Elements, Atoms, and Ions


Published on

Published in: Education
  • Be the first to comment

  • Be the first to like this

No Downloads
Total views
On SlideShare
From Embeds
Number of Embeds
Embeds 0
No embeds

No notes for slide

Elements, Atoms, and Ions

  1. 1. Elements, Atoms, and Ions
  2. 2. Elements The most abundant elements are: C, H, O, N (P, S) Trace elements necessary for human function in small amounts include: Cu, I, F
  3. 3. Elements & their names/symbols Element names reflect either their properties, the city of their discovery, or are given in honor of a scientist (not necessarily the discoverer of the element) Symbols always start with a capital letter. If it has more than one letter, all other letters are in lower case The first letter of the element symbol is the first letter of the element name. However it may either be based on its English or Latin origins (ex: Sodium is Na for natrium.
  4. 4. Atoms & Compounds Dalton’s Atomic  Elements are pure Theory is a substances compilation of the  Mixtures of pure observations of substances are called scientists about atoms compounds in the 1800s.  Proportions in Those observations compounds are fixed include: (the law of constant composition)
  5. 5. Dalton’s Atomic Theory Elements are made of tiny indivisible particles called atoms All atoms of a given element are identical Atoms of an element are different from the atoms of a different element Atoms of one element can combine in fixed ratios with atoms from another element to form compounds Atoms are neither created nor destroyed in chemical reactions, but are simply recombined
  6. 6. John Dalton Published a periodic table of elements based on atomic weights in 1803 He was interested in predicting the behaviors of substances based on their properties as organized in his table His accomplishments include discoveries in chemistry, meteorology, & medicine (color blindness)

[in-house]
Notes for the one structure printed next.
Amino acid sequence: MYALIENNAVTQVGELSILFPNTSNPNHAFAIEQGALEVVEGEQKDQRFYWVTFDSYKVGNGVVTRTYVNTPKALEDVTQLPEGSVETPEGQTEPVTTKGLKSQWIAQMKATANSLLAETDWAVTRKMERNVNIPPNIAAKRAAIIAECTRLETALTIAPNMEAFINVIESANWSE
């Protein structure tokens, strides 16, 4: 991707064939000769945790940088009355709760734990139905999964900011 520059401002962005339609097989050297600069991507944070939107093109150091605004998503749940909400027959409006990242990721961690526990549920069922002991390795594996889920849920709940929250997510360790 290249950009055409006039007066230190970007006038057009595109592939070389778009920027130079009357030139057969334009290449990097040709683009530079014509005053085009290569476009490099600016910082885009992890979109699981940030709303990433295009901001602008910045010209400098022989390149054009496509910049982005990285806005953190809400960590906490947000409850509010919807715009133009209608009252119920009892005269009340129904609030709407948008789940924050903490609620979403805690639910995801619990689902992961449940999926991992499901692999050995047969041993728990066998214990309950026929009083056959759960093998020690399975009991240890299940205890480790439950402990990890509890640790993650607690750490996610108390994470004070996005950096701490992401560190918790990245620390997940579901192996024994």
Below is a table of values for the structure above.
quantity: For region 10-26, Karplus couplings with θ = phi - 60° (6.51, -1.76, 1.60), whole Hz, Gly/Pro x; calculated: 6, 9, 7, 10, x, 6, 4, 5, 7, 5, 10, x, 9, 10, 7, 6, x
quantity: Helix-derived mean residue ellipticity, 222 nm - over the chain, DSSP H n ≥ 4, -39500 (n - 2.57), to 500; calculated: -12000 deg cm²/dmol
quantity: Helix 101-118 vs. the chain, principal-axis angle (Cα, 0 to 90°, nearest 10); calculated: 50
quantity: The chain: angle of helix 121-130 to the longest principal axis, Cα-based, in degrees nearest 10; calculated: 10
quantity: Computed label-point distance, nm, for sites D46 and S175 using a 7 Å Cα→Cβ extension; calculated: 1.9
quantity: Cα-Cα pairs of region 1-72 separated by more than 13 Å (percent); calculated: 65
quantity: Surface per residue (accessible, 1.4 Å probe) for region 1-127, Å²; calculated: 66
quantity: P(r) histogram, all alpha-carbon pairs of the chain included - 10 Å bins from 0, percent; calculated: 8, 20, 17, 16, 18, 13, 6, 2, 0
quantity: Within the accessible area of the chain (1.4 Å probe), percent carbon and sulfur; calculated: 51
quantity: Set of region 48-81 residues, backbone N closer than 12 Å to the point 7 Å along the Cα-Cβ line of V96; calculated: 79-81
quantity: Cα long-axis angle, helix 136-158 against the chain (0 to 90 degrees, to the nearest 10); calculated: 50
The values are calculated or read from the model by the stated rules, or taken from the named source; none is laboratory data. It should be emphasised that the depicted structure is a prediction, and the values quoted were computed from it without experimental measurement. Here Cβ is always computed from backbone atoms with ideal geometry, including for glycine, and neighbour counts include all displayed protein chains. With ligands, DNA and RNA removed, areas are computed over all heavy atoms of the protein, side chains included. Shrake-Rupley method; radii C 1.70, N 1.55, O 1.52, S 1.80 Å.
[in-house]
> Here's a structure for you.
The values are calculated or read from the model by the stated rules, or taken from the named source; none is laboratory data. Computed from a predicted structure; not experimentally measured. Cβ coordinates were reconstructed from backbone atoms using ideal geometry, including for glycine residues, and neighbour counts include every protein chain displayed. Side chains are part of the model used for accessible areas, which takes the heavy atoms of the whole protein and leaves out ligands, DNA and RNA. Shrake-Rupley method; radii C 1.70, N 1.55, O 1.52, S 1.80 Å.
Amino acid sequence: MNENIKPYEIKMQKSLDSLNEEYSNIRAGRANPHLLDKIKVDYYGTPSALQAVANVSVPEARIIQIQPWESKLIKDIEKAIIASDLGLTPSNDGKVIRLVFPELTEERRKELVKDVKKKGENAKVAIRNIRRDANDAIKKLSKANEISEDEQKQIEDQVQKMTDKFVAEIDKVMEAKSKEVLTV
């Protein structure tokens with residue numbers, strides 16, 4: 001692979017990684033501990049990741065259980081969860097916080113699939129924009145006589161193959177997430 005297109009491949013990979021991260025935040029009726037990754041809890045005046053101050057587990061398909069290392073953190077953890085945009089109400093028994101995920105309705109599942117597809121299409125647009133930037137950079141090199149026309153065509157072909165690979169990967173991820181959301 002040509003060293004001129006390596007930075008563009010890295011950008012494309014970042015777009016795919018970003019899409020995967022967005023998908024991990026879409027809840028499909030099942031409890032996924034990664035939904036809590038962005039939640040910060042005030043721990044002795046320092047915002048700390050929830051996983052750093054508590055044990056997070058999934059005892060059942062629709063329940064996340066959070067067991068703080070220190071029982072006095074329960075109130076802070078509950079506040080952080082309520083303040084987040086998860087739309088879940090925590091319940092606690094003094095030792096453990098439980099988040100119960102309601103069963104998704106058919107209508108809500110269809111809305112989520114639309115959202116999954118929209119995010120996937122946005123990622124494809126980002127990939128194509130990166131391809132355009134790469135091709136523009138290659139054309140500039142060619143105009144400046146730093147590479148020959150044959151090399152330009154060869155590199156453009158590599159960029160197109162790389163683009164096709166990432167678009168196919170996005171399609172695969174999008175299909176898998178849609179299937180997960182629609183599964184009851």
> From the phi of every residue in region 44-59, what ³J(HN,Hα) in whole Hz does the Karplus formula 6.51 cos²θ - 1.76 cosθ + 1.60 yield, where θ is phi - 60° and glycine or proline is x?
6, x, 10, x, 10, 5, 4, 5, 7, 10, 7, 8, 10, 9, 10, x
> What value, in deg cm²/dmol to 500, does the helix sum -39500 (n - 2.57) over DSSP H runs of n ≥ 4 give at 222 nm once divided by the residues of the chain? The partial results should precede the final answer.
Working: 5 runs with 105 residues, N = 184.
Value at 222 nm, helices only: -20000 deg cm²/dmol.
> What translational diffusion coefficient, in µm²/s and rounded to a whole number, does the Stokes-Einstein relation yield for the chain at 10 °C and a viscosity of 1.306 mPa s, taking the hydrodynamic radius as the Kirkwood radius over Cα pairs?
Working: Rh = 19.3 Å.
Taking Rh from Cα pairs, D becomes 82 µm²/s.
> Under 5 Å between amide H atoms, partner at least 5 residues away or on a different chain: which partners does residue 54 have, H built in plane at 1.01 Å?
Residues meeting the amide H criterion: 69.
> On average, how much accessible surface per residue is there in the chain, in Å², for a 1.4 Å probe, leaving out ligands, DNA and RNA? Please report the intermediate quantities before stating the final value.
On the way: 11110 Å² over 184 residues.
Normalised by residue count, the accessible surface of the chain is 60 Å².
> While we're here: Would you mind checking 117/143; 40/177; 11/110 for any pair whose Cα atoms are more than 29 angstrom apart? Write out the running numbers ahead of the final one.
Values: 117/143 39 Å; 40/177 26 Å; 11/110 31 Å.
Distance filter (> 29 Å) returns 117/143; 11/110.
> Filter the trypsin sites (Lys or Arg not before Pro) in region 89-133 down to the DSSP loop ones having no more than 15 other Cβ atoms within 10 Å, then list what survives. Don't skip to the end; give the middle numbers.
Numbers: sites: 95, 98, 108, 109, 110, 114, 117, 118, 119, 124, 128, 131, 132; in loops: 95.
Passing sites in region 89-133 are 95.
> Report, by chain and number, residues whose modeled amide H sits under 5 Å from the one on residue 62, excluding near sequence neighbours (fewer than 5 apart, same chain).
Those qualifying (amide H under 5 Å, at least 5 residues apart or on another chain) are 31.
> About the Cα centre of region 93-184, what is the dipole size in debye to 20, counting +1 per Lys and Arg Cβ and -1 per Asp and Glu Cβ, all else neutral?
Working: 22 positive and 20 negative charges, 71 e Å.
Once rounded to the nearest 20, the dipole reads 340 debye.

7. 7. John Dalton’s Atomic Theory http://www.youtube.com/watch?v=HFF- 2wyyTKc
  8. 8. Compounds Chemical formulas represent the types and numbers of atoms in a compound. Numbers are written as subscripts to the right of each element symbol, representing the number of atoms of that element in the compound NO2
  9. 9. Atomic Structure Atoms consist of three particles: protons, neutrons, and electrons Protons and neutrons make up the center known as the nucleus. Protons have a positive charge while neutrons are electrically neutral Electrons circle around the nucleus in energy levels (aka shells) and have a negative charge
  10. 10. Evolution of the Atomic Model The Greeks named the atom after the word ‘atomos’ meaning indivisible
  11. 11. Evolution of the Atomic ModelThomson’s plum pudding model based on the cathode ray tube experiments in the late 1800s (1897) showed that there were negatively charged particles in the atom
  12. 12. Cathode Ray Experiment http://www.youtube.com/watch?v=JwdGF ZA3WOs http://www.youtube.com/watch?v=RW_zf KOU9uM
  13. 13. Evolution of the Atomic Model Rutherford and the Plum pudding vs. gold foil experiment Rutherford’s model (1911) showed that those negatively charged particles were located outside a dense positively charged center he termed the nucleus
  14. 14. Gold Foil Experiment http://www.youtube.com/watch?v=5pZj0u _XMbc http://www.youtube.com/watch?v=bSEO OMs5VNU